Streetlights Will Shine In Pease
BROOKSIDE – Pease Township voters passed a levy Tuesday that turns on streetlights that have been shut off for more than a year – but it will probably be another year before the township sees the money and the lights shine again in the district, according to Trustee Michael Bianconi.
He expects Pease township won’t begin to collect the tax money until spring 2015.
Voters approved the 2-mill levy for operating expenses with a vote of 247-213. The levy excludes residents living in Bridgeport, Brookside, Yorkville and Martins Ferry.
“Truthfully, the lights will not be coming on until next spring,” Bianconi said. “We have to have the money first before we can turn them on. But the main thing is they will be coming on.”
Trustees will also use the money generated by the levy to tear down more dilapidated houses, and for needed road maintenance, according to Bianconi.
Street lights in Pease Township were turned off March 1, 2013 after voters failed to pass two 1-mill operating levies there in November 2012.
Voters in the Union Local School District rejected a request for an income tax of 0.5 percent on the earned income of individuals residing in the school district with 436 voting in favor, and 621 voting against. The income tax was to be for permanent improvements for a five-year period.
In the village of Bethesda, the replacement of a 3.5-mill levy for five years was approved 101-50. The levy is for the purpose of providing and maintaining fire apparatus, buildings or sites, water supply and materials. Levy funds generated also can be used for fire alarm systems, payment to firefighters and firefighting companies or to purchase ambulance equipment.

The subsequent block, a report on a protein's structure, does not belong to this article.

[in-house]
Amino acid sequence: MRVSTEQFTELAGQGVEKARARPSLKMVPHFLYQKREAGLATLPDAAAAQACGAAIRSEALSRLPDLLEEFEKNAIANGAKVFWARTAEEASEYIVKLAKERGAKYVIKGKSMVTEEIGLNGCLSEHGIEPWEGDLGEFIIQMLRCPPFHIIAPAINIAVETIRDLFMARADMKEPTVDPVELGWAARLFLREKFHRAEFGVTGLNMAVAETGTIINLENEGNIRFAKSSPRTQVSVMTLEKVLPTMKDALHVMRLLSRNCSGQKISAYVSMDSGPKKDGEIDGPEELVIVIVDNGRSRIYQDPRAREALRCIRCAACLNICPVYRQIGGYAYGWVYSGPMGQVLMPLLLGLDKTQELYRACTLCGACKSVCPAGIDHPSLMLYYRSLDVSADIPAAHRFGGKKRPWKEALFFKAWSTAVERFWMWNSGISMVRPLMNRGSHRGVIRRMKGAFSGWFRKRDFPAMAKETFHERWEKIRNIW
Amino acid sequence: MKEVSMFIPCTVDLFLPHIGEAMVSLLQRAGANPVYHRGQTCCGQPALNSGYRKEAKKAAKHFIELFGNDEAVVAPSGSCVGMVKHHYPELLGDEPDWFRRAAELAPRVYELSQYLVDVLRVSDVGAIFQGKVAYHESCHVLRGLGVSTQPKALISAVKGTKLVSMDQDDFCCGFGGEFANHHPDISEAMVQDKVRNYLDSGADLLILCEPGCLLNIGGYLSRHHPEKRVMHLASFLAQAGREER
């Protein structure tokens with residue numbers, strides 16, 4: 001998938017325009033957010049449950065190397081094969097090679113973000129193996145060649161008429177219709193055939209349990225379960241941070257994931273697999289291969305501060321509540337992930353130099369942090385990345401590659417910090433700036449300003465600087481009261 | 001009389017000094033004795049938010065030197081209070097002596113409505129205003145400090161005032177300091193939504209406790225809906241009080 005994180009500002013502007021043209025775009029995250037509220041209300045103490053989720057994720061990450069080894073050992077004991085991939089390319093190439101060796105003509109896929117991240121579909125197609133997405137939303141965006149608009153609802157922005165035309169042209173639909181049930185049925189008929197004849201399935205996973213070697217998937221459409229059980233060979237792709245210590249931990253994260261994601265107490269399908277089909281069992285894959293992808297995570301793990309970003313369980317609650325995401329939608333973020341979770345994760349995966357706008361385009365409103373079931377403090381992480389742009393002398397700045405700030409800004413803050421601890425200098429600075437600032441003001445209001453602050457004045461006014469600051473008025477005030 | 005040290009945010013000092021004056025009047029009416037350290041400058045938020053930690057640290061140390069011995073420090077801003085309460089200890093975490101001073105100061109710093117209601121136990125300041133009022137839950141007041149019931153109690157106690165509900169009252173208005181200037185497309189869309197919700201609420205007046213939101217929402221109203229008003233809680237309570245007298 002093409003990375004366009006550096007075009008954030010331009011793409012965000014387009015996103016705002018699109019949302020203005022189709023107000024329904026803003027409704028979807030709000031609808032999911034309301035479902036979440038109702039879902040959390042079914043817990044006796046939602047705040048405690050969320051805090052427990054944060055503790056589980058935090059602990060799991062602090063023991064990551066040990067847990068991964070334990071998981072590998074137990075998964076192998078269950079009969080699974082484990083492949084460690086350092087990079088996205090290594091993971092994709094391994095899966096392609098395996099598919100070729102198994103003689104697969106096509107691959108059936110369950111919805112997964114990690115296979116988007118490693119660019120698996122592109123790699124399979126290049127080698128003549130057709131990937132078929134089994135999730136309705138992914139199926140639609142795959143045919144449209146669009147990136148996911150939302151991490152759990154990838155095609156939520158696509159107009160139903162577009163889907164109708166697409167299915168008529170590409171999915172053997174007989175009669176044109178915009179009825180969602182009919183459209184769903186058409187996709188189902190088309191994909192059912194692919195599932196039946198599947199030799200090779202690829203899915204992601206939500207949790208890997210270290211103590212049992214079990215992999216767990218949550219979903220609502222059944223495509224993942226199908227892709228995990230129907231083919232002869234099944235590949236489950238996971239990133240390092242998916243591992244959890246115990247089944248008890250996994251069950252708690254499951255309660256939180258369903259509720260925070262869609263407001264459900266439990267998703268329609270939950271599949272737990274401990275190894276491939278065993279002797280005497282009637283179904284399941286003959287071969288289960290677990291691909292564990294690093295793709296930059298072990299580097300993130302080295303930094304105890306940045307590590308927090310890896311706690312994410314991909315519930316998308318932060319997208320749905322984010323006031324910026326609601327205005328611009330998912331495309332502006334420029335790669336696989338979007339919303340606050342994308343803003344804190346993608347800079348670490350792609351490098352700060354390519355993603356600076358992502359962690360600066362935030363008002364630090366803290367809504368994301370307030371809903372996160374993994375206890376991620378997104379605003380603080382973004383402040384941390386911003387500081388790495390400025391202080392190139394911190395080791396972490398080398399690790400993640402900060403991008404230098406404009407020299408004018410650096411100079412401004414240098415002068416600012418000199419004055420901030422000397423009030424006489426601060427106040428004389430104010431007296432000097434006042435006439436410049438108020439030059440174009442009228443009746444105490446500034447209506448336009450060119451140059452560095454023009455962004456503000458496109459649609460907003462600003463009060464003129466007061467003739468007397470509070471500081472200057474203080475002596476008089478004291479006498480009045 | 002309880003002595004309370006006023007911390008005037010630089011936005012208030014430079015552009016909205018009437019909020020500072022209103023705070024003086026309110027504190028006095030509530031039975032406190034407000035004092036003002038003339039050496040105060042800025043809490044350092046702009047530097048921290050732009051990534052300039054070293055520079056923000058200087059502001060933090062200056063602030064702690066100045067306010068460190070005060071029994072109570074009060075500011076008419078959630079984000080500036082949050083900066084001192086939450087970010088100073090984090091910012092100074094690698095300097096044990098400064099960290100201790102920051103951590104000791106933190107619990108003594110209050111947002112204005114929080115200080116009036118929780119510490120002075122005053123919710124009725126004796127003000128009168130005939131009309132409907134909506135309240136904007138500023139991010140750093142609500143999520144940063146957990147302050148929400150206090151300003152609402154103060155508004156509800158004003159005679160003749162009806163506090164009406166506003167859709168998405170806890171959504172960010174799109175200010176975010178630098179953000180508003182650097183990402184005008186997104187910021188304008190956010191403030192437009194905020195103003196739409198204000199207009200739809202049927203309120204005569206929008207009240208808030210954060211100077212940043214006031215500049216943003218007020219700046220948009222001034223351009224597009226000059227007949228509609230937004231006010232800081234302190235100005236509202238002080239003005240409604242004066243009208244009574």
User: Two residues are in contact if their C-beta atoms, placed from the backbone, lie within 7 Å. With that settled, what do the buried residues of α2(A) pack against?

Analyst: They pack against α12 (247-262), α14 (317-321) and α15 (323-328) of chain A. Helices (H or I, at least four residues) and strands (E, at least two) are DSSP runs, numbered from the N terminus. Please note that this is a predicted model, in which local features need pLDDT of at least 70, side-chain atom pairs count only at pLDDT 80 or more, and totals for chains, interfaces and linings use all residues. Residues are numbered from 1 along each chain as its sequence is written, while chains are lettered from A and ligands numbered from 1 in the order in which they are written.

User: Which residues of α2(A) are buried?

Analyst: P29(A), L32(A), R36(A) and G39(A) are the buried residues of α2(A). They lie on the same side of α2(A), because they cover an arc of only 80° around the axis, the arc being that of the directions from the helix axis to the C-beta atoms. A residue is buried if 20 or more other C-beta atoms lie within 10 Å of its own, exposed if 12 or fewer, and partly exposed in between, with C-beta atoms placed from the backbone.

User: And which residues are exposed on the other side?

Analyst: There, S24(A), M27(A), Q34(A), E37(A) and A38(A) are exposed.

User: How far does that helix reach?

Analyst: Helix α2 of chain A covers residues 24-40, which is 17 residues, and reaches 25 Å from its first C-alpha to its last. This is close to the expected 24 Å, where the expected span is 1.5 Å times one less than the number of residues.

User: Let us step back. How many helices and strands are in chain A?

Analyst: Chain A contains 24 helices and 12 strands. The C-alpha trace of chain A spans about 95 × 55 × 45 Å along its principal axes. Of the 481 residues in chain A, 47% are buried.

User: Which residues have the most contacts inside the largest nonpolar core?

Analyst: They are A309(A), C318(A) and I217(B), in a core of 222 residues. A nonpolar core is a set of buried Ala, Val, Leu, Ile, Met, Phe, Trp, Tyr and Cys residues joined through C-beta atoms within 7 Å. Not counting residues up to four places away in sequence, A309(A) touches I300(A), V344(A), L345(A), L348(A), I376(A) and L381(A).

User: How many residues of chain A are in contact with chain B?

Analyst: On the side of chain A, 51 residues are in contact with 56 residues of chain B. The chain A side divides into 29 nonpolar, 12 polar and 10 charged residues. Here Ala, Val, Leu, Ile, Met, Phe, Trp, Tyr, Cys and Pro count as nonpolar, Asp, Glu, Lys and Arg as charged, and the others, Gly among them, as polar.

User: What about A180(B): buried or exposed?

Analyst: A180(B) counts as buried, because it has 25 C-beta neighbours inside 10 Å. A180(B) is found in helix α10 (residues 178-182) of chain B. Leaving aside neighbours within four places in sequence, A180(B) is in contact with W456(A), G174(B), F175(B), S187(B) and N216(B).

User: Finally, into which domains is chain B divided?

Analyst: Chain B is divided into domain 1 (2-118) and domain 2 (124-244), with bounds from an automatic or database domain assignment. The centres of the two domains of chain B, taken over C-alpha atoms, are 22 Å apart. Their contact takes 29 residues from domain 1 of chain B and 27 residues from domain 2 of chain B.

In Shadyside, voters agreed to give village leaders the authority to aggregate retail electric loads in the village. The move allows Shadyside’s leaders to enter into service agreements to facilitate the sale and purchase of electricity. Any resident will have the option to opt out of the aggregation. The vote on the measure was 206 in favor, and 101 opposed.
A similar ordinance was passed in the village of Yorkville by a vote of 44-12.
Voters also approved a 2.5-mill levy to fund the Eastern Ohio Regional Transit Authority for five years. A total of 1,042 residents voted in favor, and 670 voted against.
In Monroe County, voters in the village of Woodsfield rejected the request for an additional 0.5-percent income tax in the village with a vote of 124 in favor and 249 against.